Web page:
Cultural influence of Metamorphoses

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Metamorphoses (Latin: Metamorphoseon libri: "Books of Transformations") is a Latin narrative poem by the Roman poet Ovid, considered his magnum opus. Comprising fifteen books and over 250 myths, the poem chronicles the history of the world from its creation to the deification of Julius Caesar within a loose mythico-historical framework. Although meeting the criteria for an epic, the poem defies simple genre classification by its use of varying themes and tones.

Considered one of the most influential works in Western culture, particularly European, Metamorphoses has inspired such authors as Chaucer, Shakespeare, Dante and Boccaccio. Numerous episodes from the poem have been depicted in masterpieces of sculpture and painting by artists such as Titian. Although Ovid's reputation faded after the Renaissance, towards the end of the twentieth century there was a resurgence of interest in his work; today, Metamorphoses continues to inspire and be retold through various media.

Literature[edit]

Drama[edit]

Novels and other literature[edit]

Visual art[edit]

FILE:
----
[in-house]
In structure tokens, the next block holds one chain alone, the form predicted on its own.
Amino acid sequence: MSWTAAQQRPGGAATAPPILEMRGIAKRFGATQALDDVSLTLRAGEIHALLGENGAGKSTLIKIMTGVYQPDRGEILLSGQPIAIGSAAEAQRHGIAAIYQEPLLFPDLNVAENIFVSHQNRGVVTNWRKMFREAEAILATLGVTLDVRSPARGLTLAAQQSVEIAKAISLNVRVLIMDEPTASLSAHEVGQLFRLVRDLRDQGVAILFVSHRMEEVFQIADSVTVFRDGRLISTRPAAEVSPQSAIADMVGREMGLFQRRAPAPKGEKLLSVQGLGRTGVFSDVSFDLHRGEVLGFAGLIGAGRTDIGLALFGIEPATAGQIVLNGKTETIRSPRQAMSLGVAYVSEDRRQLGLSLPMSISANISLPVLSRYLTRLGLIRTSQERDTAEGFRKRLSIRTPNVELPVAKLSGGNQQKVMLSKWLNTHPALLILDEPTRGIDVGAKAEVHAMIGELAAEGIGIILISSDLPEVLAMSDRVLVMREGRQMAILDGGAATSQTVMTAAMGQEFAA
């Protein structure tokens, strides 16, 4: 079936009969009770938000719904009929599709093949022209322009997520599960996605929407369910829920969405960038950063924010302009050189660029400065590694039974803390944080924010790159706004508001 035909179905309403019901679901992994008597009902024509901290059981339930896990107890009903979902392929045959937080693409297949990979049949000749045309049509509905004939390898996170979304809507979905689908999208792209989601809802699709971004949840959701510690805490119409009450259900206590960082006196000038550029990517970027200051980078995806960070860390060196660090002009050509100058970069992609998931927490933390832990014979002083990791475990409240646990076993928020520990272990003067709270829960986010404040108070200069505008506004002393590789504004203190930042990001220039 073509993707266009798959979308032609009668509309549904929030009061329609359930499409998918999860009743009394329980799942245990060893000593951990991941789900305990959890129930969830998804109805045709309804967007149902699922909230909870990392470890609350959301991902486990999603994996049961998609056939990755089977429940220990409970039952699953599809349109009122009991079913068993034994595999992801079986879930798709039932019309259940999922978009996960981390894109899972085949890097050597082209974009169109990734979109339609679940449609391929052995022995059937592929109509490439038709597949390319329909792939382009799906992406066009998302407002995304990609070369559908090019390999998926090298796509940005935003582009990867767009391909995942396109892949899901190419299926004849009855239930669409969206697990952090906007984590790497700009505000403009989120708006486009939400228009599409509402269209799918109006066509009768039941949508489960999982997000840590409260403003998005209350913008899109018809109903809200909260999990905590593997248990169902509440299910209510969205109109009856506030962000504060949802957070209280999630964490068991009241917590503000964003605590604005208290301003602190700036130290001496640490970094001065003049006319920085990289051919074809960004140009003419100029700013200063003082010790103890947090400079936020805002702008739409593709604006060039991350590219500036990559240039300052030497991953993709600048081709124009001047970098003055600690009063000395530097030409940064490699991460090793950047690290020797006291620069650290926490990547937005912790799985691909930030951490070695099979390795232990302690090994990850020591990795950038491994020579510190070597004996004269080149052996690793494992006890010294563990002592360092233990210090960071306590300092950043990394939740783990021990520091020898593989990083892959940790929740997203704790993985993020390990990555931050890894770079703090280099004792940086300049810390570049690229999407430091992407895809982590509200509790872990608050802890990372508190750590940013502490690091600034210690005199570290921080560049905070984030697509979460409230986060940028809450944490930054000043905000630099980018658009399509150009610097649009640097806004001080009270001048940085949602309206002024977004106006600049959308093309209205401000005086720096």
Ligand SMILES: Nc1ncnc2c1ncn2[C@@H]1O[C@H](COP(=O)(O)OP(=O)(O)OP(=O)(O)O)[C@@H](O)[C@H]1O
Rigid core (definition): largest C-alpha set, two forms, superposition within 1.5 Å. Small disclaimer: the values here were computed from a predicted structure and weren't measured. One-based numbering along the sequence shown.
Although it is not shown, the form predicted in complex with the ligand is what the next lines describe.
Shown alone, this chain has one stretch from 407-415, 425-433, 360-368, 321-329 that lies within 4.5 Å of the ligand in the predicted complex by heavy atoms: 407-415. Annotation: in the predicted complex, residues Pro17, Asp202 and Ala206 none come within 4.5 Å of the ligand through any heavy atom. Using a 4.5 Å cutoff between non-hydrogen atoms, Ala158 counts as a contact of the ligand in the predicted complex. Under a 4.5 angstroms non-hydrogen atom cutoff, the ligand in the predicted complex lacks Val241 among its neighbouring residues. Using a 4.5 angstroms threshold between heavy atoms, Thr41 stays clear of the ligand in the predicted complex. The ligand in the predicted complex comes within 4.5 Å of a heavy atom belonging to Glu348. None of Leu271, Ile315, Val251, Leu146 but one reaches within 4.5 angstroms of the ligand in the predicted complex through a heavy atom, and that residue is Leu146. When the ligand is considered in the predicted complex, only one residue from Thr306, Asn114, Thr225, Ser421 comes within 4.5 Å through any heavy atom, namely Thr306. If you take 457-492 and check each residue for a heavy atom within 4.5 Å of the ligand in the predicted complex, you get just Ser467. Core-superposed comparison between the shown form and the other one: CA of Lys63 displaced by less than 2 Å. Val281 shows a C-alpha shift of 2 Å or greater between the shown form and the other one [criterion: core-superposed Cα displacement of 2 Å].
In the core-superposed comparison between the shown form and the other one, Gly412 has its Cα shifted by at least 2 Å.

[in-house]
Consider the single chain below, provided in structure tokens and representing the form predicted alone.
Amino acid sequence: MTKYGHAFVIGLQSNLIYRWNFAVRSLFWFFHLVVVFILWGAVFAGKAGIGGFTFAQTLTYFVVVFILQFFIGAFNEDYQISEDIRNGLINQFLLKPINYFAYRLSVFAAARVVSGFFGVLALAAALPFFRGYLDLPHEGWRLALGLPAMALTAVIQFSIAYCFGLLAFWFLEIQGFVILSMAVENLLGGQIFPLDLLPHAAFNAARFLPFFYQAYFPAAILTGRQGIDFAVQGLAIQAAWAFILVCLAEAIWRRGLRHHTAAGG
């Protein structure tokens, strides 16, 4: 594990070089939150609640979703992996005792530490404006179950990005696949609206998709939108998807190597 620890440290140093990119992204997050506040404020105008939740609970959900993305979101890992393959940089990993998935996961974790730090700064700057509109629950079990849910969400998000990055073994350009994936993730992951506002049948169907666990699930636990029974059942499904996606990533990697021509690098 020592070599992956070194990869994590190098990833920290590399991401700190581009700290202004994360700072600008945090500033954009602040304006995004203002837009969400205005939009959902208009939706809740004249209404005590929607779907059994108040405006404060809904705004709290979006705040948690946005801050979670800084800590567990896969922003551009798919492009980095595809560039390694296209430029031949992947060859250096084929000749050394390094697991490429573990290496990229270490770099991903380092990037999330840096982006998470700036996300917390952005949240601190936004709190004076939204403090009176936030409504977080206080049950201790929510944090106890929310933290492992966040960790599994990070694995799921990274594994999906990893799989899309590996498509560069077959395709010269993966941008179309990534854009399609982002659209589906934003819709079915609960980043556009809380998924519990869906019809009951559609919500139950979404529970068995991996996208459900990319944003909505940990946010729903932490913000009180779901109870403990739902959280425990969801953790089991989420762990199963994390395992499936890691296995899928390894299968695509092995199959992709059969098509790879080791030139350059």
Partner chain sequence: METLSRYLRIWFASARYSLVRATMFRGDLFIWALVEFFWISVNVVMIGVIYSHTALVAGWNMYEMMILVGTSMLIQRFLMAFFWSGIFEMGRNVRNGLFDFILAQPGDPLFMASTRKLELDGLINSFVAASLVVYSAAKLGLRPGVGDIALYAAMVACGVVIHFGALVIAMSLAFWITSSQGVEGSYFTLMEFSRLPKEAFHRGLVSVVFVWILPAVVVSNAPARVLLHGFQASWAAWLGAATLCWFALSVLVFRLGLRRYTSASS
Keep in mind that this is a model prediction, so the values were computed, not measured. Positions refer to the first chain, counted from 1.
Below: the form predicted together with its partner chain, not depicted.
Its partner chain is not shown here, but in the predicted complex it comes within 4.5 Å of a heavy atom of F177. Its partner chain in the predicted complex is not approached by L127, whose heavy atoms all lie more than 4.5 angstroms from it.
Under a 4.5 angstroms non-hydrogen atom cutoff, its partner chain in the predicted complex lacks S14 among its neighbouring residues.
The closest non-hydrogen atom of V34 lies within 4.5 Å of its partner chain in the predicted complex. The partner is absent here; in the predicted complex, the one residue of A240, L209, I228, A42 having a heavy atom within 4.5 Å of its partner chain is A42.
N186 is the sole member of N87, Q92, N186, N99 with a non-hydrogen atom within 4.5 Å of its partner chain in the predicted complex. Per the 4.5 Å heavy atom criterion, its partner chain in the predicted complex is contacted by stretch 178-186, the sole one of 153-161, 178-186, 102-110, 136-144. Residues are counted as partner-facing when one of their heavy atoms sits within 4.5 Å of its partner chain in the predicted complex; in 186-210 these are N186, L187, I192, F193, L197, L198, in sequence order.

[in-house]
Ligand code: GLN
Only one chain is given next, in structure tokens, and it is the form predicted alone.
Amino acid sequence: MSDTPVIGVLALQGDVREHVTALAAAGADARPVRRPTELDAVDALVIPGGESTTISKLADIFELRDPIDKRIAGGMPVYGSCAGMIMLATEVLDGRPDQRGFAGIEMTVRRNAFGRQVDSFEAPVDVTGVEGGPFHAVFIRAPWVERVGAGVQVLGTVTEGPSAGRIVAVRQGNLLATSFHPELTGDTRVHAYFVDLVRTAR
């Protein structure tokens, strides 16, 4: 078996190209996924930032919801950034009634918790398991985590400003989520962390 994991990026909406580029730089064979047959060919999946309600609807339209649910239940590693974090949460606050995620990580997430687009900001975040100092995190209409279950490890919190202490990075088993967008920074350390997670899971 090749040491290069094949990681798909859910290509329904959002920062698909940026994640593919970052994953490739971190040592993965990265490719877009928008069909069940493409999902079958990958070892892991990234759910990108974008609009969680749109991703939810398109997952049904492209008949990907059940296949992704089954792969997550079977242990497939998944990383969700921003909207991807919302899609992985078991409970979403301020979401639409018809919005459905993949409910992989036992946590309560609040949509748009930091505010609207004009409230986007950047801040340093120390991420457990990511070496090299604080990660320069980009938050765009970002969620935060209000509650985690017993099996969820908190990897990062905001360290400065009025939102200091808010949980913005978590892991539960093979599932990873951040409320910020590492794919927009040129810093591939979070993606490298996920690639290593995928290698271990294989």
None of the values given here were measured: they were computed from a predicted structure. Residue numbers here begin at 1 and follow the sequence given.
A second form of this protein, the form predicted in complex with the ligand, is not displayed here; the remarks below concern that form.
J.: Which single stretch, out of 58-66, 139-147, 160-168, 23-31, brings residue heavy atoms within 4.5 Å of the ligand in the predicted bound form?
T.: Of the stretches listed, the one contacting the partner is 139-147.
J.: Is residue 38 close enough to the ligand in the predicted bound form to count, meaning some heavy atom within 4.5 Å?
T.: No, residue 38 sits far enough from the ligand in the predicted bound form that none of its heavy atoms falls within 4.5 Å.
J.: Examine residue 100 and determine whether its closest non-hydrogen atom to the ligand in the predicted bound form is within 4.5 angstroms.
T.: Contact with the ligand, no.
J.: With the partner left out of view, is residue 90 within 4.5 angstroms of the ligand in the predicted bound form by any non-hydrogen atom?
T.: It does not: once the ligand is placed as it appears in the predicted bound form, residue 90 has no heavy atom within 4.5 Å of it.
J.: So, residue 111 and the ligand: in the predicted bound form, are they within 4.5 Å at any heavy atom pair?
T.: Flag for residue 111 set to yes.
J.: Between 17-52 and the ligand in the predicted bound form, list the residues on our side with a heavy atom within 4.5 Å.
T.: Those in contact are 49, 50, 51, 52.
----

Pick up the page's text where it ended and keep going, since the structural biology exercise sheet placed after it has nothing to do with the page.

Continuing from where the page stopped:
Music[edit]

  • In 1746, French composer Jean-Marie Leclair wrote an opera (tragédie en musique) Scylla et Glaucus based on the books 10, 13 and 14.
  • In 1783, Austrian composer Karl Ditters von Dittersdorf wrote twelve symphonies on selected stories of the Metamorphoses; only six survive, corresponding to stories from the first six books.[2]
  • Ruben Dario's Collection of poems, Prosas Profanas (1896) contains the poem "Coloquio de los Centauros" based upon Ovid's Metamorphoses.
  • In 1951, British composer Benjamin Britten wrote a piece for solo oboe incorporating six of Ovid's mythical characters.
  • Jazz artist Patricia Barber's 2006 album, Mythologies, is a set of songs based on Ovid's Metamorphoses.
  • Jazz saxophonist Branford Marsalis's 2009 album Metamorphosen is based on Ovid's epic Metamorphoses.

Notes[edit]